In an era in which everyone has to have a hot take, it’s always fun to scald them by reminding them of their worst ones. Karlan was an outraged and outrageous witness. She made fun of the president’s minor son’s name. On a Versus Trump podcast, she revealed how partisan she is by saying, “Conservatives can’t even stand to be around each other.”
UNC Law Professor Michael Gerhardt, another Democrat impeachment witness, had donated to Barack Obama. Four times. Harvard Law Professor Noah Feldman was on record writing that Trump should be impeached for mean tweets, owning Mar-a-Lago, and attacking the Fake News. Feldman had previously admitted, also in writing, that impeachment was “primarily, or even exclusively, a tool to weaken President Trump’s chances in 2020.” Feldman gets some points for honesty there.
These were the “unbiased witnesses” Chairman Nadler called to craft a legal framework for impeachment analysis. Nadler had his own problems, targeted by an AOC-backed primary challenger in his district, and needed to put on an anti-Trump show. A Democratic primary is a dangerous place for an old, unattractive white guy in New York. Just ask now former Rep. Joe Crowley.
Both corruption and the Resistance to America’s rising conservative populism should be on plain display for the public, not cooped up in stuffy congressional hearings. I’m sure my aggressive, sometimes angry questioning of these supposed titans of legal education didn’t win me votes in faculty lounges. But we aren’t governed by them, are we? And they aren’t my audience.
They were barely my audience when they graded my exams at the William & Mary Law School. Law school “gunners” may one day nestle into cozy tenure and intellectually titillating book clubs. But Firebrands play for the win. The country club can become a funeral home. I wanted the hearings to come alive.
In subsequent hearings, I’d be criticized for attacking Hunter Biden’s crack use. Let me be clear. I have nothing against drug addicts or drug users, so long as they don’t hurt others. I’ve known and partied with plenty of both in my wilder days. Hunter admits to wandering around homeless encampments looking for crack, and that doesn’t make him a bad guy—though it does make him unlikely to be a legit Eastern European energy savant. Hunter Biden couldn’t even resolve a dispute with Hertz Car Rental after leaving his crack pipe, ID, and Secret Service detail’s business card in a wrecked vehicle.
That doesn’t make him an unsympathetic human. But he probably wasn’t leading dispute resolution for Burisma in any competent, non-corrupt way.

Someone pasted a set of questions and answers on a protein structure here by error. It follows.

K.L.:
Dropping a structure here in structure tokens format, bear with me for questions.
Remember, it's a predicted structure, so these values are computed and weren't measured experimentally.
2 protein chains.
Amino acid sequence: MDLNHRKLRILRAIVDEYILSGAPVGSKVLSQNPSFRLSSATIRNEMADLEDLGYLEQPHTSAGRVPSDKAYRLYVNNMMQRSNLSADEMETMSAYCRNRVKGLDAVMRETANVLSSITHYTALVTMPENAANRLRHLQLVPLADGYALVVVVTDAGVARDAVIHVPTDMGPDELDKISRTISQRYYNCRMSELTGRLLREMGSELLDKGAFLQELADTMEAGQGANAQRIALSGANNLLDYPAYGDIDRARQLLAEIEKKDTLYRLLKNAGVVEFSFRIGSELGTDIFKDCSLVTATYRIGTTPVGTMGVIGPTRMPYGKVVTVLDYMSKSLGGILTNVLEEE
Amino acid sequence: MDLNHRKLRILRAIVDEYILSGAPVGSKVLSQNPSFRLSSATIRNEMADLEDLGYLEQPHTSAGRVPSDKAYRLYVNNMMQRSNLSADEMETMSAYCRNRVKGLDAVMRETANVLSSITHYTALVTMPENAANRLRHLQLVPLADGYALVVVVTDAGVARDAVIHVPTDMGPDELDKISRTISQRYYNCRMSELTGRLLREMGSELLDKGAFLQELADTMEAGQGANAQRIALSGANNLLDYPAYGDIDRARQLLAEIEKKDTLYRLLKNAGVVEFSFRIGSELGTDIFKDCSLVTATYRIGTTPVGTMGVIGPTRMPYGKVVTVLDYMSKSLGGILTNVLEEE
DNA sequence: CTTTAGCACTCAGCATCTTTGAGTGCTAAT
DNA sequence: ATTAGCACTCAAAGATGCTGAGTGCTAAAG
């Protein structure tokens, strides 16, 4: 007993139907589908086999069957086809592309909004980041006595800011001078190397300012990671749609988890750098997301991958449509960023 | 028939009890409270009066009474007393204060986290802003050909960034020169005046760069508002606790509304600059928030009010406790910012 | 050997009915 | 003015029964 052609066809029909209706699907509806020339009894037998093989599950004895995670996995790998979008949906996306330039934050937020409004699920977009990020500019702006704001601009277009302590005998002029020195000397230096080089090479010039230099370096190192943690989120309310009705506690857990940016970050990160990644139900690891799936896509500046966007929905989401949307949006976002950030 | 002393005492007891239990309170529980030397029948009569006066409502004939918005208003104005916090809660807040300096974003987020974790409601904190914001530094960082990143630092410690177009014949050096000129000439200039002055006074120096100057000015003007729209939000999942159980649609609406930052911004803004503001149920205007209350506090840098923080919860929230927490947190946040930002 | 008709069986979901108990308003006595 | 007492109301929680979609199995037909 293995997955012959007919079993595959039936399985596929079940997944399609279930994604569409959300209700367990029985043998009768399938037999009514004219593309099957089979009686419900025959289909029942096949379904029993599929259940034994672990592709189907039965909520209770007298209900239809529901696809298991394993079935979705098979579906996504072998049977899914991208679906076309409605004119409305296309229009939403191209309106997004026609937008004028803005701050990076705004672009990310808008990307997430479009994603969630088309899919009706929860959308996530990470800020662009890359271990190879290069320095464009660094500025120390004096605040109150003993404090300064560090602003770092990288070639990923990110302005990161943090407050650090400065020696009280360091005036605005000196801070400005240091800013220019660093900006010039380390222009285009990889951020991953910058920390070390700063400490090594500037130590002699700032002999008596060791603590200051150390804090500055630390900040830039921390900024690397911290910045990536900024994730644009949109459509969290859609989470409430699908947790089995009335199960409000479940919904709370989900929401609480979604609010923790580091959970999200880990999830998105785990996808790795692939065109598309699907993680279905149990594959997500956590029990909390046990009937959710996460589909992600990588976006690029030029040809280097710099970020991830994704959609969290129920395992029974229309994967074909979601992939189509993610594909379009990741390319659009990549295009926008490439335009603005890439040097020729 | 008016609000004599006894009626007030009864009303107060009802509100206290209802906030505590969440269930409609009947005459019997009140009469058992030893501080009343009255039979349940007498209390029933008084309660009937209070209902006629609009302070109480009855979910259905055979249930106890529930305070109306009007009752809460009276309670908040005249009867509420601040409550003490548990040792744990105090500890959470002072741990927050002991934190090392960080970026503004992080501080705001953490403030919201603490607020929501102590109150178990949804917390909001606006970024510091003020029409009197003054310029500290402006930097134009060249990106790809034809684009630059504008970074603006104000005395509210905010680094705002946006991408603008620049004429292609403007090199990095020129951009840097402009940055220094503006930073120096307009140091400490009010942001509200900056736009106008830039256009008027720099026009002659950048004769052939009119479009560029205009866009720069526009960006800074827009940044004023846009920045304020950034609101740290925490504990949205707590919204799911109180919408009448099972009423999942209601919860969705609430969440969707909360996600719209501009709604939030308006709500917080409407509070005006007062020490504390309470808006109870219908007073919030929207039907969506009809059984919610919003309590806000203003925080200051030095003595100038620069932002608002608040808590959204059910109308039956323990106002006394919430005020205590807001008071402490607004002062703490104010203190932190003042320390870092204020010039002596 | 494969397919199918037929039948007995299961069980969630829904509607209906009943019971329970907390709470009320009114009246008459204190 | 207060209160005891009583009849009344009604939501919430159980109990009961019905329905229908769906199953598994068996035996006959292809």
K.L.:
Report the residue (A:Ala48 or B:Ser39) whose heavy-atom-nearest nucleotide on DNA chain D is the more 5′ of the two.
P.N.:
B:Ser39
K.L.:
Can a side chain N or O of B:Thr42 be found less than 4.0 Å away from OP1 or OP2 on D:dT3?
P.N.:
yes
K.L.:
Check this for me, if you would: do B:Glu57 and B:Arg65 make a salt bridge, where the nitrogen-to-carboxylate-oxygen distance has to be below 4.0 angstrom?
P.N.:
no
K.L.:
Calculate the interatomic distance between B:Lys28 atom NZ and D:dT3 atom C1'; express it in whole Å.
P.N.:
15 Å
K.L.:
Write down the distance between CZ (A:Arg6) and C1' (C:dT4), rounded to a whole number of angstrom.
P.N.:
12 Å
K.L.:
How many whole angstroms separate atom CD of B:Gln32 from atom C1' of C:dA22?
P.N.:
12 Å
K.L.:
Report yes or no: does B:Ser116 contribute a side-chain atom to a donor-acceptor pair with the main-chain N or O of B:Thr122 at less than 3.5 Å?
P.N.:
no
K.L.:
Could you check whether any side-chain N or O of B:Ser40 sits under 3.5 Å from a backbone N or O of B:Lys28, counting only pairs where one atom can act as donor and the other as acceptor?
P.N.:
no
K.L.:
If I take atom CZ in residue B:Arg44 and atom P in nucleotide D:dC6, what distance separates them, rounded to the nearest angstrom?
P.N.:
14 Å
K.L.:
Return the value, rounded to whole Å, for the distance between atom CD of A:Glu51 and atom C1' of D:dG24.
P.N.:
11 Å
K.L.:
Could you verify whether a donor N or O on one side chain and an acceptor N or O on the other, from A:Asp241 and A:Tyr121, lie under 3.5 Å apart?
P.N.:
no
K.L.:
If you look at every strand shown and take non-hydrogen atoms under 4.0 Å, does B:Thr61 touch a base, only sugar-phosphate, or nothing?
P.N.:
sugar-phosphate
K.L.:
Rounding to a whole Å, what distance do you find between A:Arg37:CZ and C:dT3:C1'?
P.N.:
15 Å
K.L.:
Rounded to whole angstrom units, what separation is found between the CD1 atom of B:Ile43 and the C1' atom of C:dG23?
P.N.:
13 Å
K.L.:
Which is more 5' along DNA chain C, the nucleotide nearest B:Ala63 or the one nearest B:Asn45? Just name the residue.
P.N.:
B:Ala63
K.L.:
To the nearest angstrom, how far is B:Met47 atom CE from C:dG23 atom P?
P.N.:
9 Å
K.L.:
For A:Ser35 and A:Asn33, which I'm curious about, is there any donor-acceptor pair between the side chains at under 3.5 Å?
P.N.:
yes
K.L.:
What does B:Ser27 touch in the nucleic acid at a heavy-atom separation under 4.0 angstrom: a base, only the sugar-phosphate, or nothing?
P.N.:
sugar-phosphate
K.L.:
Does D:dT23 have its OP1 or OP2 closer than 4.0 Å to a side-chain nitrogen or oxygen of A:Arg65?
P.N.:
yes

July 24, 2019: Conclusion of Mueller Testimony.
Longworth House Office Building. White House operator connects. “You were amazing. Everyone in the White House was glued to the TV when you took apart Mueller. Nobody said a word. You kicked his ass!” Trump said.
“Thank you, Mr. President. This bullshit is finally over. Let’s get back to making America great again.”
“I never stopped,” he replied, not knowing what was coming.
The perfect call with the president of Ukraine occurred the next day. And so the coup attempt against Trump revived the day after that. Beria’s cynical attitude, as I mentioned above, was “show me the man and I’ll show you the crime”—a Soviet mindset that resulted in the prosecutions (over non-Russian matters) of Roger Stone, Paul Manafort, George Papadopoulos, and Rick Gates.
Ukraine would then become the more narrowly focused “show me the president and I’ll show you the impeachment,” no matter how scanty the evidence.
If an investigation requires made-up evidence to proceed, it is a corrupt investigation. With Russia, an FBI lawyer altered emails presented to a secret court in order to spy on Dr. Carter Page. With Ukraine, Rep. Adam Schiff—who once moonlighted as a screenwriter—made up a fake call transcript and theatrically performed it before God and everyone. It was a disgrace to the House—for which Schiff should face ethical sanctions, if Pelosi’s House really cares about ethics at all.
The Ukraine controversy teaches us that the establishment is the establishment for a reason. It didn’t happen by accident. It happened because they don’t take days off, even after a stinging defeat. Their Russia failure didn’t deter them from taking the bait on Ukraine. They grind away relentlessly, like the brain-dead zombies they are. It’s why it has taken someone with the stamina and magic of Donald J. Trump to beat them over and over again.
Russia and Ukraine were different fights. And we’ll have evolving battles ahead to maintain our populist movement. But there is one enemy we always see on the battlefield of ideas: the corrupt media.
They will never stop coming for us, so we must come for them first.
Matt Gaetz is a United States congressman representing Florida’s 1st district.